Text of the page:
Category Archives: 1962

82) The Tornadoes – “Telstar”

Mr. Acker Bilk may have been the first U.K. musician to top the Hot 100, but he didn’t quite launch the British Invasion.  His easy listening, clarinet-based instrumental “Stranger on the Shore” is miles away from the revitalized version of rock and roll that would be shipped back to America a year or two later.  But The Tornadoes’ surf-rock-in-space epic “Telstar” provided early evidence that there was something going on abroad more exciting than what passed for rock at home.  (It’s only fitting that the namesake satellite transmitted the first transatlantic television signals.)  “Telstar” is far too eccentric to be considered of a piece with The Beatles and The Rolling Stones, but it’s at least in the same musical universe, so to speak. 
 
Of course, the real story behind “Telstar” is not about session players The Tornadoes but about the producer, Joe Meek.  Meek was essentially the British counterpart of Phil Spector: a genius producer with a fascinating yet highly disturbed (and murderous) personal life.  Like Spector, he worked with girl groups but never quite achieved the former’s success with them. He instead made his mark with mostly anonymous bands and not-quite-top-drawer singers that wouldn’t divert attention from his vision.  In contrast with the organic, symphonic Wall of Sound, Meek built his soundscapes out of electronics and distortion.  His tastes would seem to run too weird to be embraced by the mainstream, yet he netted a few huge hits.  The greatest of these is “Telstar,” an instrumental that derives influence from Meek’s partially-released concept album I Hear a New World (subtitled “An Outer Space Music Fantasy”).  “Telstar” is the nexus between Moog- and Theramin-heavy space age lounge pop of the 1950s and astrally-themed psychedelic rock of the late ’60s, without being as kitschy as the former or as noodling as the latter.  Despite Meek’s liberal use of handmade sound effects and bizarre aural treatments, it’s easy to see how the record earned its number-one spot.  The melody of the track is strong enough to stand on its own, but Meek’s inventive production puts it over the top.  While the underpinnings may be drawn from the familiar, there have been few pop singles before or since that have so eagerly embraced the weird. 8

Hit #1 on December 22, 1962; total of 3 weeks at #1
82 of 976 #1’s reviewed; 8.40% through the Hot 100

1 Comment

Filed under 08, 1962, 1963

81) The Four Seasons – “Big Girls Don’t Cry”

The most recent entry in The A.V. Club’s feature The New Cult Canon is a piece on Bottle Rocket, the first movie by director Wes Anderson.  In the article, and in the comment section below it, is a discussion of whether Anderson’s distinctive voice as a filmmaker is a mark of auteurism or proof of his limited abilities.  “Wes Anderson is a director forever doomed to make Wes Anderson movies,” Scott Tobias writes.  Whether or not that is a good thing depends on if you appreciate his strong visual style and his gentle yet weird brand of humor, or if you consider his films to be stuffy, stilted and too-precious.  Personally, I am a fan of Wes Anderson, although I thought The Darjeeling Limited veered uncomfortably close to self-parody.  But is my perception of that movie based on what’s actually on the screen, or am I suffering from some sort of Anderson-fatigue? If The Darjeeling Limited were the first Wes Anderson movie I had ever seen, would I still feel the same way?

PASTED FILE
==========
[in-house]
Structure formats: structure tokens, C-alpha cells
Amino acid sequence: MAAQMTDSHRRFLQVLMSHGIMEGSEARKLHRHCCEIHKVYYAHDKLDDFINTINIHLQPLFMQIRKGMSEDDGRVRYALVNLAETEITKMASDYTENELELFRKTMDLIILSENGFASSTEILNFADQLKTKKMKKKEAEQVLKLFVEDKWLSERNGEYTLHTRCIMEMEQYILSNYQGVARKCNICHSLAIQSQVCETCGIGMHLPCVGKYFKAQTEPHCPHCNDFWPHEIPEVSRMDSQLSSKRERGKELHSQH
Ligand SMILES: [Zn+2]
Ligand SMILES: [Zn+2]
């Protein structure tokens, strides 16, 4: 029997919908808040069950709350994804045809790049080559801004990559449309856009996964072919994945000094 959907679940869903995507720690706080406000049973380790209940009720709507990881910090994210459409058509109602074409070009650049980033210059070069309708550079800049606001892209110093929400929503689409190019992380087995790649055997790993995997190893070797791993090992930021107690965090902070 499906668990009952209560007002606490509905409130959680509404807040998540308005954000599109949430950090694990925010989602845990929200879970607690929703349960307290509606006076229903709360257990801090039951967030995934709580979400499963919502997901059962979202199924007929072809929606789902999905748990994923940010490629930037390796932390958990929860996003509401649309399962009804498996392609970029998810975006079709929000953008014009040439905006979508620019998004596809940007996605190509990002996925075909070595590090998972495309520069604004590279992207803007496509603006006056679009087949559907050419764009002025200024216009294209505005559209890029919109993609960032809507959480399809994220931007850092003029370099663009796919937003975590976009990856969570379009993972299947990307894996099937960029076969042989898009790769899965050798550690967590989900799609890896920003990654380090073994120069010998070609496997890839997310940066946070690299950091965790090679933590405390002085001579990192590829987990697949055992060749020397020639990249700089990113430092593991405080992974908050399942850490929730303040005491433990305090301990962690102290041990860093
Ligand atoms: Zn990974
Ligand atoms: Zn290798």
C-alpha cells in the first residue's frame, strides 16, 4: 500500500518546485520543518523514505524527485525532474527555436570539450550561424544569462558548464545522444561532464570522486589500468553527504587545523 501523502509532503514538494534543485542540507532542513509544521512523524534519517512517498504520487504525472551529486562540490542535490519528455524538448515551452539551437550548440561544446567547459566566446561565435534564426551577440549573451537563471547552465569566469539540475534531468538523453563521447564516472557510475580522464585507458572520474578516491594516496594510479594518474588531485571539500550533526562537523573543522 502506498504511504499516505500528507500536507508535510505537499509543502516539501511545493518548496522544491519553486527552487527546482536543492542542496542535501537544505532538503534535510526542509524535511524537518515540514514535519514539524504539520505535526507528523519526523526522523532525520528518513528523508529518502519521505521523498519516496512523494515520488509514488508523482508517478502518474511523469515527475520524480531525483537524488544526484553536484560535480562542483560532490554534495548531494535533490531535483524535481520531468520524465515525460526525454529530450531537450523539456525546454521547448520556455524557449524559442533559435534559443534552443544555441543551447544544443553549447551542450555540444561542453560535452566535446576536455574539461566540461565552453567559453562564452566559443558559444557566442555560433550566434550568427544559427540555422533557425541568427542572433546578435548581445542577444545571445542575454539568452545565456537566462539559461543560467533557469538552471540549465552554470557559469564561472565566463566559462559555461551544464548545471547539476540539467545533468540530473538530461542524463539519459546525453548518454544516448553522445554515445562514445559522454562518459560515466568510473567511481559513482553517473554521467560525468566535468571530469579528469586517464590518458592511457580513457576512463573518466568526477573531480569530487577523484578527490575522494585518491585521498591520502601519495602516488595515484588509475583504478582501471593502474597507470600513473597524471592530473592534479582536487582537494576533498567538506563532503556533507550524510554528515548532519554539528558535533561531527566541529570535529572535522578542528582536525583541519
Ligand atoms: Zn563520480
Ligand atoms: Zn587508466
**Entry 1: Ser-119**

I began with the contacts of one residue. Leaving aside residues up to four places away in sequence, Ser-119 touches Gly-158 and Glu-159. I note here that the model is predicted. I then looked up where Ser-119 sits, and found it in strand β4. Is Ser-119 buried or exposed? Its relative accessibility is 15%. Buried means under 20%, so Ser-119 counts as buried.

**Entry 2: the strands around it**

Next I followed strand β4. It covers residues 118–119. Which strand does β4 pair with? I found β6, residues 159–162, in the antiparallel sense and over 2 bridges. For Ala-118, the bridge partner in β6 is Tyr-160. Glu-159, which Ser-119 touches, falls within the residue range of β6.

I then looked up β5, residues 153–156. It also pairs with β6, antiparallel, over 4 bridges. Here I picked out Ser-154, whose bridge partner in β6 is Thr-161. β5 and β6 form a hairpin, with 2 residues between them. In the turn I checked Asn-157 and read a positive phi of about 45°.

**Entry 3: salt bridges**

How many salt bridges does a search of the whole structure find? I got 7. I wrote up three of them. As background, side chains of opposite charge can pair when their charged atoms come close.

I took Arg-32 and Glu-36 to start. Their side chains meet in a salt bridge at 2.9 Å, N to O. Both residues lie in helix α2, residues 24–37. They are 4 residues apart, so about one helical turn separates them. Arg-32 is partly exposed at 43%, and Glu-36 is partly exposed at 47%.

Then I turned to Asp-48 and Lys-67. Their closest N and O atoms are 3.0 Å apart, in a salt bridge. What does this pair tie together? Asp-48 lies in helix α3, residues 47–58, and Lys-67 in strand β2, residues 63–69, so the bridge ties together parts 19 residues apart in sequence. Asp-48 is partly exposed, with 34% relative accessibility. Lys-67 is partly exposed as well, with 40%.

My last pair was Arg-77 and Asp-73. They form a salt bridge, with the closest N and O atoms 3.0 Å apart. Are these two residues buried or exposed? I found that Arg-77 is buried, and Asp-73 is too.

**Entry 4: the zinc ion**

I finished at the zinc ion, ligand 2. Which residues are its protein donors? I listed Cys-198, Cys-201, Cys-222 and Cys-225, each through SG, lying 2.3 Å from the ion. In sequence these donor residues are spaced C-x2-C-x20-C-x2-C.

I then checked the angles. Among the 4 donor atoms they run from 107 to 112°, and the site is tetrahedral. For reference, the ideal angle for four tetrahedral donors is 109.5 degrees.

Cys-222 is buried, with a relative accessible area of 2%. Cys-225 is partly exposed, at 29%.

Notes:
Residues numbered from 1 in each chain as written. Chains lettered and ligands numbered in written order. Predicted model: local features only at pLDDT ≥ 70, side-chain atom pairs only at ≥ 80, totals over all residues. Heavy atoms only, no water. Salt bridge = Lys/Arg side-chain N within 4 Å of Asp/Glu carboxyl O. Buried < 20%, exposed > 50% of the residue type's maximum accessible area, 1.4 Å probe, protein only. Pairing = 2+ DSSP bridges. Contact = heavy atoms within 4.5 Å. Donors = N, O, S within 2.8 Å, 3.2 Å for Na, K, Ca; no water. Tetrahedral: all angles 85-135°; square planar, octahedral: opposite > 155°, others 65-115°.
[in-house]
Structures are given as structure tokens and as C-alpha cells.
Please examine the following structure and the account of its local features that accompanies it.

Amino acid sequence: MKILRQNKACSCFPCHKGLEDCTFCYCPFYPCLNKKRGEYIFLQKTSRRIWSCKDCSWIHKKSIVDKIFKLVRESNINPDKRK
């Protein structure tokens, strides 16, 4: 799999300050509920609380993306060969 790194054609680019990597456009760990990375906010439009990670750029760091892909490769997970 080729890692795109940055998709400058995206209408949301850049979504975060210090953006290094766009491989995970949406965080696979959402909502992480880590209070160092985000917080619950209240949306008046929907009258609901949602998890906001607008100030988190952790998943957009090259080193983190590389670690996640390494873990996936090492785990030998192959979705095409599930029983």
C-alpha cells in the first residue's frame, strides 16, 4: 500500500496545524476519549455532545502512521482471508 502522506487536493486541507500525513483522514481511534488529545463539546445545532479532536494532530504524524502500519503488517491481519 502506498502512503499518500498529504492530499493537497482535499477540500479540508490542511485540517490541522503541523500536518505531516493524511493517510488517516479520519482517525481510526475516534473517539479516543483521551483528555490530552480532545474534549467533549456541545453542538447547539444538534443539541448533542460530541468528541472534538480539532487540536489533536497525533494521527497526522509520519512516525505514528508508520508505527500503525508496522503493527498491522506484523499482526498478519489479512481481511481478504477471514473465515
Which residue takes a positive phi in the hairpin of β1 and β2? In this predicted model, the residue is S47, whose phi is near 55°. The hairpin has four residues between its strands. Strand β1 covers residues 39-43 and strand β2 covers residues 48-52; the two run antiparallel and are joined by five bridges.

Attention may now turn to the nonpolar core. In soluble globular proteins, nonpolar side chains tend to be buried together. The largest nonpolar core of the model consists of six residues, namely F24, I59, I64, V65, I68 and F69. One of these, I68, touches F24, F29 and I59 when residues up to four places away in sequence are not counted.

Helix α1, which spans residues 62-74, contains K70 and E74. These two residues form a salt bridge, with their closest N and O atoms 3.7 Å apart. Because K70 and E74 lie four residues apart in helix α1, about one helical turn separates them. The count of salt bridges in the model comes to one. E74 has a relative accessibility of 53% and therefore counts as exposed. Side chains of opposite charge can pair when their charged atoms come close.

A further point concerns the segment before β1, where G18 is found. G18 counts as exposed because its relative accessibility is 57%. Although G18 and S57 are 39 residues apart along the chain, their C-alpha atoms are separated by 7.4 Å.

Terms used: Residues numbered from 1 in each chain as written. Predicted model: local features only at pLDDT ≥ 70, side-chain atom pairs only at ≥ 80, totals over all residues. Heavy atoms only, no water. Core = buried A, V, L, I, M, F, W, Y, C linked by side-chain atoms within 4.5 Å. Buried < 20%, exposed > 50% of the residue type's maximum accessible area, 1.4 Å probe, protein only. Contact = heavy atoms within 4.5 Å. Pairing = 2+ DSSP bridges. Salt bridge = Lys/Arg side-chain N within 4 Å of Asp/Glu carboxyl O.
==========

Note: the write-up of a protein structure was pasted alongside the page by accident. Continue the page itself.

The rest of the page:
Likewise, The Four Seasons were a band forever doomed to make Four Seasons songs.  The group’s singular sound, indebted to doo wop yet distinct from it, arrived fully formed on its first charting single, “Sherry.”  Where could they go from a sound that complete and successful? Tinkering with their sound would risk losing what made them special.  So you can’t really blame them for releasing the soundalike “Big Girls Don’t Cry.”   It checks all the same boxes that “Sherry” does, for better or worse, which makes the matter of rating it a bit difficult.  If it’s more or less the same record, it would seem only fair to give it the same rating – in this case, a 7.  However, it isn’t as exciting this go around.  I almost want to penalize “Big Girls Don’t Cry” because The Four Seasons didn’t change anything, even while acknowledging that doing so would probably be to their detriment.  While this is only the group’s second single to be featured here, it’s far from the last.  I’m going to have to consider these same issues each time I’m due to write about them or any other group with a narrowly defined aesthetic.  But for now, I’ll have to rely on this blog’s principle of freedom from context.  I like “Sherry” and I like “Big Girls Don’t Cry.” Does it really matter which came first? 7